An informal poll this week asked what President Obama will be remembered for most. Increased racial conflict barely beat out universal health care and increasing spending/federal deficit.
President Obama issued statements regarding 17-year-old Trayvon Martin of Florida, killed in February 2012 and regarding issues in Ferguson, Missouri, over the shooting of 18-year-old Michael Brown by a police officer in August 2014. Issues of unrest were handled by the local governors.
Obamacare, or the Affordable Care Act, is not universal health care or a public system that includes all people, such as extending Medicare to all Americans. Obamacare’s individual mandate to buy health insurance allows uninsured individuals the choice not to “buy-in” but they pay a tax penalty. According to the Department of Health and Human Services (HHS) “Improving the quality and affordability of care for all Americans has always been a pillar of the Affordable Care Act, alongside expanding access to such care.”
The chronic gap between what the government spends and what it collects in revenues continues. Under current law, the nonpartisan Congressional Budget Office (CBO) projects the current year’s deficit will be $492 billion, and will fall to $469 billion next year. The CBO projects annual deficits will start to rise again in future years. Recently the Senate Passed a $1.1 Trillion Spending Bill but there is conflict over funding homeland security/immigration changes, another issue some might argue relates to increased racial conflict.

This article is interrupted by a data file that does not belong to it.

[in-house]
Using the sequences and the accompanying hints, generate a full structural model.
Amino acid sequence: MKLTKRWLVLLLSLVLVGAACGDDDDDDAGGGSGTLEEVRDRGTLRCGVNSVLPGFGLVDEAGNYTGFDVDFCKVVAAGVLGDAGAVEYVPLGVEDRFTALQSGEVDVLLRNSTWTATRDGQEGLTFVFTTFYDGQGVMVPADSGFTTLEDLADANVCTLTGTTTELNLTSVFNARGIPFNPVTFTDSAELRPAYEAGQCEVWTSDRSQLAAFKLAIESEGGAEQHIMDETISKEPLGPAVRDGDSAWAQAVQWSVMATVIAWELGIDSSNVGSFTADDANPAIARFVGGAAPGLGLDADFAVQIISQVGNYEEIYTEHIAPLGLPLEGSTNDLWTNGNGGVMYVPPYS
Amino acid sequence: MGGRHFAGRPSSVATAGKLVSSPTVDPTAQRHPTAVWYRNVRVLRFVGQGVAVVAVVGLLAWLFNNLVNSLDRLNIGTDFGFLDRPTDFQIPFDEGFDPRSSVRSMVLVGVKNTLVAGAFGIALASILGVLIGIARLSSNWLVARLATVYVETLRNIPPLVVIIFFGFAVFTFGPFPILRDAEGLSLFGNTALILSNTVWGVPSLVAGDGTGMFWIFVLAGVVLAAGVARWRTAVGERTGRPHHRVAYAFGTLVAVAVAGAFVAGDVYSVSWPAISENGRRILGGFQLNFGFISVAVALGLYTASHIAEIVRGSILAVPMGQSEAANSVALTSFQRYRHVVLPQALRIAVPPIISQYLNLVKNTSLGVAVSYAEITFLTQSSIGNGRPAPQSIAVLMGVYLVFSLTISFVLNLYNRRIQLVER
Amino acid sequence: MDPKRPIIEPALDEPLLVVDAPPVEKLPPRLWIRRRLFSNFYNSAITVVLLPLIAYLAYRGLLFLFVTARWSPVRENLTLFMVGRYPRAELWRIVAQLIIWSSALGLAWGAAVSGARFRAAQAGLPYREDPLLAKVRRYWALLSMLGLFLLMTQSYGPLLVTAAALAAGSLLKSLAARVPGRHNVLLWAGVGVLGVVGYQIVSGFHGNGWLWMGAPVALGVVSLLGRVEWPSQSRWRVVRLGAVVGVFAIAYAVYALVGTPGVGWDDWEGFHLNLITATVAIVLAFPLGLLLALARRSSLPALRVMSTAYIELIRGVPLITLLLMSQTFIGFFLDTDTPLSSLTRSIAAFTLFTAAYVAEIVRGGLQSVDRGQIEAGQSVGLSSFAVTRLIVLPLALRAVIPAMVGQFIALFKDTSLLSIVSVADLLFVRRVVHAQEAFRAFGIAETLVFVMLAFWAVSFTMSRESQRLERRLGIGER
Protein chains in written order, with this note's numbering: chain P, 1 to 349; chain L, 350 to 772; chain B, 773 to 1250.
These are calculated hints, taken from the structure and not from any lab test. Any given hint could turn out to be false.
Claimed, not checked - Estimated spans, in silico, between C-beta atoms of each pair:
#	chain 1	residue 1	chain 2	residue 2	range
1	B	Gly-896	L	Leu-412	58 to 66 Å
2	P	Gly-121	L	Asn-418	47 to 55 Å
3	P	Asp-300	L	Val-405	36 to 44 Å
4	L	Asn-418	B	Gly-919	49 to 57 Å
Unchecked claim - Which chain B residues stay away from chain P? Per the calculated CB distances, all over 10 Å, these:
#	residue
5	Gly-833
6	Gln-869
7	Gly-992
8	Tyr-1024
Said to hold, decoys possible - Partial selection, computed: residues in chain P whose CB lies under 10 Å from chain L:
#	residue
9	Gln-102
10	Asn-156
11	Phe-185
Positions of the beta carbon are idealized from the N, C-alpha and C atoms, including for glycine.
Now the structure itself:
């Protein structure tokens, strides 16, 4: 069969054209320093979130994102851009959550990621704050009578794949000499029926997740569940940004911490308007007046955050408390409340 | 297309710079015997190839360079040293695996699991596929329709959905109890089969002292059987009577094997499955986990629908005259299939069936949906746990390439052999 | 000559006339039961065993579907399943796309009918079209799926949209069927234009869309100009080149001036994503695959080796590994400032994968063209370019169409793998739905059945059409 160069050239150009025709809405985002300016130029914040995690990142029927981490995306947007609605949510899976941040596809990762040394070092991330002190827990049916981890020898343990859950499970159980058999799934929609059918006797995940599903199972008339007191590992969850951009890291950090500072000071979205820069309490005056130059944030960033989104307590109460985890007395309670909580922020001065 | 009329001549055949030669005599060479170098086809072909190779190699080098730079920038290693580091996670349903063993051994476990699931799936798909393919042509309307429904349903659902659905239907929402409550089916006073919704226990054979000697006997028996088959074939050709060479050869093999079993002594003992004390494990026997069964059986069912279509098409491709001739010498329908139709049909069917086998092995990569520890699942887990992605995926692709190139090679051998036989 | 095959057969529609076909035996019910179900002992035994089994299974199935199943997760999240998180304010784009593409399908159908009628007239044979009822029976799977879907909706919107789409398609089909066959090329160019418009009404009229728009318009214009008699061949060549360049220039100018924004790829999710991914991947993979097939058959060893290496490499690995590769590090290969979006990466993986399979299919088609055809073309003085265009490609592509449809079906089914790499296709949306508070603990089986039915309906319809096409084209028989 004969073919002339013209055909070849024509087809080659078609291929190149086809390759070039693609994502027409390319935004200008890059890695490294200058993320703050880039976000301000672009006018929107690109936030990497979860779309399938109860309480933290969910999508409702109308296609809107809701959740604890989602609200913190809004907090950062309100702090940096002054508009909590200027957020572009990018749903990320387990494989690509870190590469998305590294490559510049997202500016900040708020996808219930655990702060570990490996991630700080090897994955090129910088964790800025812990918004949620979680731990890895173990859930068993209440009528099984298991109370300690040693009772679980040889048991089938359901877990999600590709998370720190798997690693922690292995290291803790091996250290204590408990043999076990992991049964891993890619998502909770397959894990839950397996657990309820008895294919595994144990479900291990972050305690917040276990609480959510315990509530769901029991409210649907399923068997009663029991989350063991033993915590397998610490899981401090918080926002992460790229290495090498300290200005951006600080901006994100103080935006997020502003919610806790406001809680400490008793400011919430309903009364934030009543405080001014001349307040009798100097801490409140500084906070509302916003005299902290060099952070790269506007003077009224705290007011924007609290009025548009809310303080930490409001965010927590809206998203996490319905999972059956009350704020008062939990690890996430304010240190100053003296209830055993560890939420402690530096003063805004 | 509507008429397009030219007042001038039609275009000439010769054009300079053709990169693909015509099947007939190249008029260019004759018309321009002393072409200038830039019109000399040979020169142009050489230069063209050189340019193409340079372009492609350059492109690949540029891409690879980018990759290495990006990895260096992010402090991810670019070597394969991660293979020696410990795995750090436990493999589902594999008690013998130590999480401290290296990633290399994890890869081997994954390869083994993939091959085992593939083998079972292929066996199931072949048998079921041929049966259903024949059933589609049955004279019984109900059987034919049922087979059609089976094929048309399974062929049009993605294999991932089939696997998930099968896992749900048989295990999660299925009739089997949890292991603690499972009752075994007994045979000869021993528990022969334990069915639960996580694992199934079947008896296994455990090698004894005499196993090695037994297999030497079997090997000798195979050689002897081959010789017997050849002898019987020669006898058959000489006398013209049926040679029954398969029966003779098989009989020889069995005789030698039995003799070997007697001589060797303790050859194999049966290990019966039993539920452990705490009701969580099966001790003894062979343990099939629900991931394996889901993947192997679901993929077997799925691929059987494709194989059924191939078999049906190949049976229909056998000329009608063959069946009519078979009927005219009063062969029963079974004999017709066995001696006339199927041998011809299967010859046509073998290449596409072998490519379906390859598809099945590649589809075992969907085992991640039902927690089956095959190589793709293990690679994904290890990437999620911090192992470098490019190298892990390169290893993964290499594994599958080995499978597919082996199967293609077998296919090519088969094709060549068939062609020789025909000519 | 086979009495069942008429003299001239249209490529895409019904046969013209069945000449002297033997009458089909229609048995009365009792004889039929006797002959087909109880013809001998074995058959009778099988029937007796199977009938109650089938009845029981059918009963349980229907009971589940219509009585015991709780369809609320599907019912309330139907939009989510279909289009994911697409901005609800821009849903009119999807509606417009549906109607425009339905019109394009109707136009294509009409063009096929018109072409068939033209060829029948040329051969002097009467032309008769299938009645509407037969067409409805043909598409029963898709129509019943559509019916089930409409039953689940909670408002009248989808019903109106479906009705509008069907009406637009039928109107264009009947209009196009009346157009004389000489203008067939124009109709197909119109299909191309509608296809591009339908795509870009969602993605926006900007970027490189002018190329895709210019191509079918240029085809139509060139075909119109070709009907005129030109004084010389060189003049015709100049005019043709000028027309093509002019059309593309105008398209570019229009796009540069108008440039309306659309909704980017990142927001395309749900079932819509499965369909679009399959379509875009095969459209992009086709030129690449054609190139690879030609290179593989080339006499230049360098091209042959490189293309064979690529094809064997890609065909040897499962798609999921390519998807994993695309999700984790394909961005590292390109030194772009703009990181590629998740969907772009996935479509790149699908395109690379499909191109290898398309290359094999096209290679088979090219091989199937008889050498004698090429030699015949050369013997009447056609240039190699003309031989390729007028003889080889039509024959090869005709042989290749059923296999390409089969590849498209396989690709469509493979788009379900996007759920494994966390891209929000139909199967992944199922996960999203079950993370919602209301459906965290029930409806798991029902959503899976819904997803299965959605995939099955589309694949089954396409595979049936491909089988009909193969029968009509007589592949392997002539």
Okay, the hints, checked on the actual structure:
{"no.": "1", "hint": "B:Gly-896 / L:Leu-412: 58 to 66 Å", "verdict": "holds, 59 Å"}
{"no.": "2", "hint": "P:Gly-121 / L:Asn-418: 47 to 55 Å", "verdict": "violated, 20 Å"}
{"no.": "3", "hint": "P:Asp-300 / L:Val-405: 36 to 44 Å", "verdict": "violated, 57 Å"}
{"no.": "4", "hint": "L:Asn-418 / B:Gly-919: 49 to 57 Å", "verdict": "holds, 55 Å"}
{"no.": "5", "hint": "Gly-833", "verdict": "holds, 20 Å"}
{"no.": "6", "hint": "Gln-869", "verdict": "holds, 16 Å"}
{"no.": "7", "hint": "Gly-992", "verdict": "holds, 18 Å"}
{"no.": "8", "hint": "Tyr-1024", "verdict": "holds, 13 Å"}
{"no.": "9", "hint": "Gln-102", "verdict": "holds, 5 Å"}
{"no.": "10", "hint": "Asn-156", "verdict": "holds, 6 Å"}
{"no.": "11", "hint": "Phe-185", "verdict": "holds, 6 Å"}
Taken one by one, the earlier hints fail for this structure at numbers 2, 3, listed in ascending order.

The other less popular opinions that perhaps deserve their own polls match with a National NBC News/Marist Poll taken this month. It concluded that Americans are divided over whether President Obama will be remembered more for ending the war with Iraq as promised when he ran for office (40 percent) or starting a new one with ISIS (44 percent).
The president announced Feb 11th he was asking Congress to vote to allow the use of U.S. military force against ISIS. His proposed authorization would last for three years and would have no geographical limitations.
It also calls for flexibility for limited ground operations by the U.S. military, but rules out a longstanding ground force. The resolution could formally authorize the already six-month-old U.S. military effort.